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10/04/08 2:07 AM EST

Despite success, Sox overshadowed

Guillen knows Red Line World Series becoming unlikely

ST. PETERSBURG -- Since pretty much the first day he arrived in Arizona for Spring Training, Ozzie Guillen has heard the same basic mantra.

"You hear about how it's the Cubs' year," said Guillen, speaking prior to Game 2 of the American League Division Series between his White Sox and the host Rays. "When you carry it on all year, every day, it gets to the point where you need to relax. Now, it's getting worse."

That pressure on the Cubs has reached record proportions, only of the most negative variety possible, after the Dodgers crushed them in each of their first two playoff games at Wrigley Field. Suddenly, that 100-year World Series drought looks as if it's headed toward another "Wait until next year."

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But a funny thing happened as the Cubs were fulfilling their 2008 regular-season expectations and motoring to a second straight National League Central title. The White Sox played well above any expectations that anyone outside of the organization had for them.

Long before the White Sox officially locked up the AL Central via Tuesday's tiebreaker against Minnesota, the whispers already had begun. Could this be the year when a Red Line World Series finally takes place in Chicago? After all, both teams reached the postseason in the same season for the first time since 1906.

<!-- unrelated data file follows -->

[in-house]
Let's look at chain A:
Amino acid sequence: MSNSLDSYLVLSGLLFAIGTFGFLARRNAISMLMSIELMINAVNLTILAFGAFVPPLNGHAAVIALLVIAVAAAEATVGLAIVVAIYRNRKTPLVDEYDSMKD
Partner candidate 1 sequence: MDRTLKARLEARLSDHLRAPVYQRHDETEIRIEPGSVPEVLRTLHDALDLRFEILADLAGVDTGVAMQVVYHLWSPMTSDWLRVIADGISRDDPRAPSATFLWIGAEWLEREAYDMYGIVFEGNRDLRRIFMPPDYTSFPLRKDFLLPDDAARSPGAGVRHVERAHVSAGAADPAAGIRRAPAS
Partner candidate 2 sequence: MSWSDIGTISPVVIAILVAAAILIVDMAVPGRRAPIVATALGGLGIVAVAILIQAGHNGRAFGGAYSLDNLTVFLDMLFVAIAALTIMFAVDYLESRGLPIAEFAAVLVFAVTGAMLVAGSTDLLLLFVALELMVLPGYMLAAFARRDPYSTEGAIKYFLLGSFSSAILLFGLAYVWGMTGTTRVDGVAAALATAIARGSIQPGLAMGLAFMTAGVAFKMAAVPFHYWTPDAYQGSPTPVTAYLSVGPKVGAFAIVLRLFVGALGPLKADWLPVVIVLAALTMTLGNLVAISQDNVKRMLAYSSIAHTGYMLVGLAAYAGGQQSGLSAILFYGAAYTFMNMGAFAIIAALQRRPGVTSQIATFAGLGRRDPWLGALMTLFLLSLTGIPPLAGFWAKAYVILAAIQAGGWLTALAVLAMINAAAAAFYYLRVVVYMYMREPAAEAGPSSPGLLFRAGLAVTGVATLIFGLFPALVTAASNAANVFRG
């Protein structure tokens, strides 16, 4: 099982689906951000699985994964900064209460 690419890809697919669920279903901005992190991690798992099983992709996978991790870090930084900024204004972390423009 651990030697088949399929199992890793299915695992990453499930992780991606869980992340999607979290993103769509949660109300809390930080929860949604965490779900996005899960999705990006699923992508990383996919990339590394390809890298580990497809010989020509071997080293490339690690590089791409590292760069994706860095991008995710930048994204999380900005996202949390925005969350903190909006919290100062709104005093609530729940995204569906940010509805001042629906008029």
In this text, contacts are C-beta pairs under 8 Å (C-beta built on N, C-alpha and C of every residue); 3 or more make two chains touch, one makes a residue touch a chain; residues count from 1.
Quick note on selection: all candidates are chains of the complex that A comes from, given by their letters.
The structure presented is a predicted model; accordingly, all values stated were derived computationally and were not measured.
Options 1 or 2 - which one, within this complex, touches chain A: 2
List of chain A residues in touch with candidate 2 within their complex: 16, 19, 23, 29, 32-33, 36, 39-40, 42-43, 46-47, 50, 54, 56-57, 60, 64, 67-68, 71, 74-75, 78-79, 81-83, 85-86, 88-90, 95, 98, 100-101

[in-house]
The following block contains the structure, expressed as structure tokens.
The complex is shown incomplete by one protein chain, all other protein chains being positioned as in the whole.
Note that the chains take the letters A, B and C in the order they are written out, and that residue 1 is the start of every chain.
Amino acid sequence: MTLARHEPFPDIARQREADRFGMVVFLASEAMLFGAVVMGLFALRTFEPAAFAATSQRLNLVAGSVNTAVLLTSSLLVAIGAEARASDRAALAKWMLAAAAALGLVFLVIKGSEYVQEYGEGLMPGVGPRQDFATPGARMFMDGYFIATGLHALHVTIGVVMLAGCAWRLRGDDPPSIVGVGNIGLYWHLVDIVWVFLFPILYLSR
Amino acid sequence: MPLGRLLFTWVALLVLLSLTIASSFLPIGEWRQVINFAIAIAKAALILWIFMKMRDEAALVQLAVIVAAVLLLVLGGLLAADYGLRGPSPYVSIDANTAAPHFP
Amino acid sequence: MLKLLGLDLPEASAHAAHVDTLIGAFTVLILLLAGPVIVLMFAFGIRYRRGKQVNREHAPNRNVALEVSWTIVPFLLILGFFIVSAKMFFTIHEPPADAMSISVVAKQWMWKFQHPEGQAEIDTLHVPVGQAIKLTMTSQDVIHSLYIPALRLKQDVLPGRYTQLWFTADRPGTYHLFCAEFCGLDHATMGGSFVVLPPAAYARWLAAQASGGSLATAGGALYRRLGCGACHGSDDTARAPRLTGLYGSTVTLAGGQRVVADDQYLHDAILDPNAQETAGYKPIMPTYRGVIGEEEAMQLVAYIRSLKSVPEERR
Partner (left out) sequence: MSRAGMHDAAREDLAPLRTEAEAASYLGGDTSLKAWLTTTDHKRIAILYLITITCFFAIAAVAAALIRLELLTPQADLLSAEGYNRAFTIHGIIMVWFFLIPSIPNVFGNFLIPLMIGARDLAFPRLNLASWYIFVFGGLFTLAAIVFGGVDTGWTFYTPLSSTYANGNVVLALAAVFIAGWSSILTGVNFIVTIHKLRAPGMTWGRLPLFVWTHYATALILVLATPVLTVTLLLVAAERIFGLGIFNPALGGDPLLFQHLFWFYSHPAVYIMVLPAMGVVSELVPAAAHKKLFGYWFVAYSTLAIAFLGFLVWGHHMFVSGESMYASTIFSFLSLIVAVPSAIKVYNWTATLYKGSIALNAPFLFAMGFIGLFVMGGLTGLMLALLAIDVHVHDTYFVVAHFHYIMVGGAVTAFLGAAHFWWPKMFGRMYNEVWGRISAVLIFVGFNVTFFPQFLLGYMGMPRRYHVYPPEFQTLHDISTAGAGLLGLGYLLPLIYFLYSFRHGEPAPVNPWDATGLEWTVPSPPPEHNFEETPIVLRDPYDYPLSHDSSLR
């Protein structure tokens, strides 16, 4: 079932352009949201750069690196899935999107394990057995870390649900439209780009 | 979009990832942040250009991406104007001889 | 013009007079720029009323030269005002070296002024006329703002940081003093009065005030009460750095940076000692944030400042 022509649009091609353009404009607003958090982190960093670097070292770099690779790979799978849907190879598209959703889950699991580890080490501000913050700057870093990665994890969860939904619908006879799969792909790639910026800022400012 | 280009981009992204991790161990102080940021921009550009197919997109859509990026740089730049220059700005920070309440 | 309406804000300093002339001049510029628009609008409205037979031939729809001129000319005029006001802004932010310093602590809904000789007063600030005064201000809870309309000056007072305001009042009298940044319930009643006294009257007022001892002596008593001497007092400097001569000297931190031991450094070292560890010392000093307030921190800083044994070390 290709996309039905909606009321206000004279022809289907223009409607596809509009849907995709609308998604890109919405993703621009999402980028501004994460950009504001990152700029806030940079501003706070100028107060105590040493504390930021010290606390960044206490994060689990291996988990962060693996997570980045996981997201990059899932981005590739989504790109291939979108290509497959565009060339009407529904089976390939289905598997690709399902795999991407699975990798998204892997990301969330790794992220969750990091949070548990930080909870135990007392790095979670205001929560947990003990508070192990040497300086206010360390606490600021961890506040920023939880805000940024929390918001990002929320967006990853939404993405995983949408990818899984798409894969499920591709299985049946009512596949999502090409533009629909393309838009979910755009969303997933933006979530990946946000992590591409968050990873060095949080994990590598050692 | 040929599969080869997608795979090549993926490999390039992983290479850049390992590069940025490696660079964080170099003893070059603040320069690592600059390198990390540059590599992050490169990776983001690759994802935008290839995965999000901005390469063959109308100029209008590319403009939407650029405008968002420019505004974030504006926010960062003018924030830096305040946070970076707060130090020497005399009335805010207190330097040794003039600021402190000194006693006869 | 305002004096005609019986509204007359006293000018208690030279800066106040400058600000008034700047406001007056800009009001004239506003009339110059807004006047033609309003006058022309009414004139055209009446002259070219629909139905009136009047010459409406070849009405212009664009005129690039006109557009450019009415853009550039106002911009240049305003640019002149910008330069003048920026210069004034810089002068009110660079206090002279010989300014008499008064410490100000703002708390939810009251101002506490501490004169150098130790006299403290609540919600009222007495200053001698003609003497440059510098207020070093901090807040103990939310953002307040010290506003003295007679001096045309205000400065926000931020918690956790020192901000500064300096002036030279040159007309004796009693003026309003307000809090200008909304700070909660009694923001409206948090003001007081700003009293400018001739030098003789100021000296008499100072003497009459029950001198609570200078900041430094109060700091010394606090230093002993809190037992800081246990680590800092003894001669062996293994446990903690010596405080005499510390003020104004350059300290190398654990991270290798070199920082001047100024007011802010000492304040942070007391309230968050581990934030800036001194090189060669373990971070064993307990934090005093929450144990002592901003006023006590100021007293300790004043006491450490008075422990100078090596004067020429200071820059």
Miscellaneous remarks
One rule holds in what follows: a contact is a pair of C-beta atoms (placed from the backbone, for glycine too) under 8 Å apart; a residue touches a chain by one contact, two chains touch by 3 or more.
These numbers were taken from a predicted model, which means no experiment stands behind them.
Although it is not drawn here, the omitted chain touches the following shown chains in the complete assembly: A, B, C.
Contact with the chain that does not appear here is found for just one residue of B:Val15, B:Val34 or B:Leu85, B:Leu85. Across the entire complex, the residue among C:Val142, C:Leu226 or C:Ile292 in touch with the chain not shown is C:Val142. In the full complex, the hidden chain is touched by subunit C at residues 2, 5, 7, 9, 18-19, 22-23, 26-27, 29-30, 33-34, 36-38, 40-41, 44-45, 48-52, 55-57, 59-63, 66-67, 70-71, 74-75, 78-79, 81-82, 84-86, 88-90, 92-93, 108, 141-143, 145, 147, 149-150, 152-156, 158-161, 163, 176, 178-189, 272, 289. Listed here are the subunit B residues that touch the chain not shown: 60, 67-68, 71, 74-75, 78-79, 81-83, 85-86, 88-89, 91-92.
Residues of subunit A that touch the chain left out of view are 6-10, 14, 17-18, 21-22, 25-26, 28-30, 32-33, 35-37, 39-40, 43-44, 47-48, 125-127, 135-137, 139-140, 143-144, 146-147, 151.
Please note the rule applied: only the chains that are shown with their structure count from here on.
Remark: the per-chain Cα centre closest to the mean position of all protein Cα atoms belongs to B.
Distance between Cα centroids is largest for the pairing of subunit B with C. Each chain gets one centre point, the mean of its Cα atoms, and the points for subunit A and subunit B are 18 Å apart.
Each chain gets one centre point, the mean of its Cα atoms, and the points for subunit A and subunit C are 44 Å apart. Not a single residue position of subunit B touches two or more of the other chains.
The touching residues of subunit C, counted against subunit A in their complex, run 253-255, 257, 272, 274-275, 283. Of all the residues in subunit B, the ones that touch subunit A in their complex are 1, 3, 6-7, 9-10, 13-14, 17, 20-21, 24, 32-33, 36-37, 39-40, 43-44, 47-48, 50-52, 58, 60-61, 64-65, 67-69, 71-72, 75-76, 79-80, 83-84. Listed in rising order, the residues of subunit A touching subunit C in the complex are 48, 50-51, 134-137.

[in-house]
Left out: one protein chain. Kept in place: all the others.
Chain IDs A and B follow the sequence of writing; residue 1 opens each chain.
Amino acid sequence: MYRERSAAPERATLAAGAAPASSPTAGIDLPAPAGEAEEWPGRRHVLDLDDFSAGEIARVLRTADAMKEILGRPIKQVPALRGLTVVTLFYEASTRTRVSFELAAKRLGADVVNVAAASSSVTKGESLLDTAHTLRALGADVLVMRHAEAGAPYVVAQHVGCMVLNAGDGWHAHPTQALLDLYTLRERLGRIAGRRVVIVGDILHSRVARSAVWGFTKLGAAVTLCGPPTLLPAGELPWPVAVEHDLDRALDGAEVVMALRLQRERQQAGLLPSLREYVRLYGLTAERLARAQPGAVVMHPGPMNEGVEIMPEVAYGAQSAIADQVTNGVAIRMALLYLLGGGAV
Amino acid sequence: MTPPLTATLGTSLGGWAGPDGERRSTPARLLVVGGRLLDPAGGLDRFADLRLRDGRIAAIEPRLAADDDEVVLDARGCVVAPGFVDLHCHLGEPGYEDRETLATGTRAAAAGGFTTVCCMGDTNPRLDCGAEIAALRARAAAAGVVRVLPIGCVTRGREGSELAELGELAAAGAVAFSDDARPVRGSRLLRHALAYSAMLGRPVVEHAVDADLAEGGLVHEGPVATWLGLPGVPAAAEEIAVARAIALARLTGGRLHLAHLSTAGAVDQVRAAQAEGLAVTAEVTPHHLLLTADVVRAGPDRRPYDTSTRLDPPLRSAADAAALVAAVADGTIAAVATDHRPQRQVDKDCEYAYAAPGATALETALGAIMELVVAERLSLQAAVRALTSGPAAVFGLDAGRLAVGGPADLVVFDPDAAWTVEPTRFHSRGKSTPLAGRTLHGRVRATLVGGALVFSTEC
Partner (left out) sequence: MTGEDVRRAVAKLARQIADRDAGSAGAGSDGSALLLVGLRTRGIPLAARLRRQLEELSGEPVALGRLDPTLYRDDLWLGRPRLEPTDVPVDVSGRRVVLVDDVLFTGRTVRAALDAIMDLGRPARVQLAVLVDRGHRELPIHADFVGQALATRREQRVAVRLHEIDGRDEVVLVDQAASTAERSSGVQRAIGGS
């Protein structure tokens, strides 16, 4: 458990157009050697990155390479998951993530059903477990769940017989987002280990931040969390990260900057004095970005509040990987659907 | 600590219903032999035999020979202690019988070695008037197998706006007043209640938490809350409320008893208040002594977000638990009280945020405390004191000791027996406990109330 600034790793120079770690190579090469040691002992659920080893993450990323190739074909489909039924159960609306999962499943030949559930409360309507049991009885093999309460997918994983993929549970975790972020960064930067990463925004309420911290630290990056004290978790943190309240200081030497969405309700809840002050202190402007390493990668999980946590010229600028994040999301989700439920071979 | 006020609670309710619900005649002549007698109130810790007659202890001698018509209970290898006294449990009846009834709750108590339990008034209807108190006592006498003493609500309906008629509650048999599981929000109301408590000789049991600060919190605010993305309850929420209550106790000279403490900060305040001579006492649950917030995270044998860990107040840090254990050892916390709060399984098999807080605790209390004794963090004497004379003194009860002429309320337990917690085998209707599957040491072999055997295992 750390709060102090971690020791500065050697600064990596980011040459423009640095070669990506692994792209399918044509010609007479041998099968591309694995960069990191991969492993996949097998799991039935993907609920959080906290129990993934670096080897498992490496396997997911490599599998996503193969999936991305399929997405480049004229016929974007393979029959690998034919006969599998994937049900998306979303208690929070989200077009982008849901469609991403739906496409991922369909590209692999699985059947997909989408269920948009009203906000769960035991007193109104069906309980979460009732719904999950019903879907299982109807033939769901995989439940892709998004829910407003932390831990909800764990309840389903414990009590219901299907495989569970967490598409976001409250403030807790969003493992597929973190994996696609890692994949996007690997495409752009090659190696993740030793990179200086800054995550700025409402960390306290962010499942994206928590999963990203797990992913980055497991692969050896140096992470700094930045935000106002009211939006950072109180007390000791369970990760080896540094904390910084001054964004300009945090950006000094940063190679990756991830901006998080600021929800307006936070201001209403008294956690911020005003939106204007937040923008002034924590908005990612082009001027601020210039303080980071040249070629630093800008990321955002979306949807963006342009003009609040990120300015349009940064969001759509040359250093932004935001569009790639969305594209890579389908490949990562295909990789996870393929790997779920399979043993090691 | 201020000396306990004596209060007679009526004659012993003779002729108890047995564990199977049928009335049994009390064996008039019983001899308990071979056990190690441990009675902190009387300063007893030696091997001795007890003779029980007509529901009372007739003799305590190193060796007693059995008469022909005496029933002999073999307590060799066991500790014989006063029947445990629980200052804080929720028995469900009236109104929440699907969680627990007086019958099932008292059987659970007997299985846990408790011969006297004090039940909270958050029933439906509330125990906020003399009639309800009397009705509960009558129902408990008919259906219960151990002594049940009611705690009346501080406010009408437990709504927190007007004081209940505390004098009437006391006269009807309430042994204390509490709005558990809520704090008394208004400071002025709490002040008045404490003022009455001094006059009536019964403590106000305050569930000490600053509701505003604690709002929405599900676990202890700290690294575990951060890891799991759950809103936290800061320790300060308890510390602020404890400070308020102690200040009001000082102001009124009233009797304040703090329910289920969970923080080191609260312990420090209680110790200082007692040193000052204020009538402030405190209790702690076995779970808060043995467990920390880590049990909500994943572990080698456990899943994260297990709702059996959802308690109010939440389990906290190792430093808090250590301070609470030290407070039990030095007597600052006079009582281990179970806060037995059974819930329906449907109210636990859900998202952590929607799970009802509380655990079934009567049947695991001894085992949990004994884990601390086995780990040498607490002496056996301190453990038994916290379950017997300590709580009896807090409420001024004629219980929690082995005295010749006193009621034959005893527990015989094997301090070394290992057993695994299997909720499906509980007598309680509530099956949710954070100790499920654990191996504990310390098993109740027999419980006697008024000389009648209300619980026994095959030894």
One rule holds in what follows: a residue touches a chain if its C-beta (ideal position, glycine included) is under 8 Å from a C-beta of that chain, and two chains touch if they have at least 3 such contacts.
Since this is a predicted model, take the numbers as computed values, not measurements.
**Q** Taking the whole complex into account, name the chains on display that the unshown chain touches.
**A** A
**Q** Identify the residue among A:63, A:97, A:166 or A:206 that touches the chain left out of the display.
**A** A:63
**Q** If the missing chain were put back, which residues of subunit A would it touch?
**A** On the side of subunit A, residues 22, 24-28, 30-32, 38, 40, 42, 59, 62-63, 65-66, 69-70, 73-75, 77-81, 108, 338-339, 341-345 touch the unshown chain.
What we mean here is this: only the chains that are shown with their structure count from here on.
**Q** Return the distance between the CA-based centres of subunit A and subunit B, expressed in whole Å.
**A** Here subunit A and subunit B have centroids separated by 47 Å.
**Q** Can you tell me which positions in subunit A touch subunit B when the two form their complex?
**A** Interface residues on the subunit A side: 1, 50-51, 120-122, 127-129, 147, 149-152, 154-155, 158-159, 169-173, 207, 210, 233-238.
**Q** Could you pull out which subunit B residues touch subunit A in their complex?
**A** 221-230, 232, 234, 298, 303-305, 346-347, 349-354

"People live with hopes, and people live with dreams," said Guillen of the potential World Series matchup, now looking unlikely. "I want it, not because the Cubs are there, but because at least I will be there."

"It's a marketing dream, as long as we win," said Brooks Boyer, the White Sox vice president, chief marketing officer. "All of Chicago would love that scenario. But we have work to do, and they have work to do."

Boyer pointed out how the winner of a Cubs-White Sox clearly would get a jumpstart with the next generation of fans. He believes some young baseball enthusiasts would align with the winner of such a major competition, just as a number of fans jumped on the White Sox bandwagon following the 2005 World Series championship.

"High tide clearly has floated all the boats, and baseball is a much bigger deal in Chicago," Boyer said. "If we were both to go to the World Series, we would even go up to another level. It is a marketing dream, especially in this market, to have that. But buyer beware."

For now, the Cubs simply have to try to survive for two games in Los Angeles and get back to Chicago. Although Guillen hasn't paid attention to the other playoff series, he agreed with comments from Cubs manager Lou Piniella that he heard after Thursday's debacle.

"Lou said it right," Guillen said. "They have to go to L.A. with two good pitchers and see what happens.

"They ask me about if [Friday's] game is do-or-die for us, but it's not. We lose today, then Chicago is do-or-die."

This weekend is do or die for both teams, with the White Sox going back home down two games to Tampa Bay. Instead of playing in that anticipated Fall Classic, both the Cubs and White Sox could be playing golf by the time Fall truly comes around. "Their Chicago fans over there are probably not too happy with the way the Cubs have played in the postseason, and now the White Sox," Tampa Bay third baseman Evan Longoria said. "So there's probably going to be some hostility."

Scott Merkin is a reporter for MLB.com. This story was not subject to the approval of Major League Baseball or its clubs.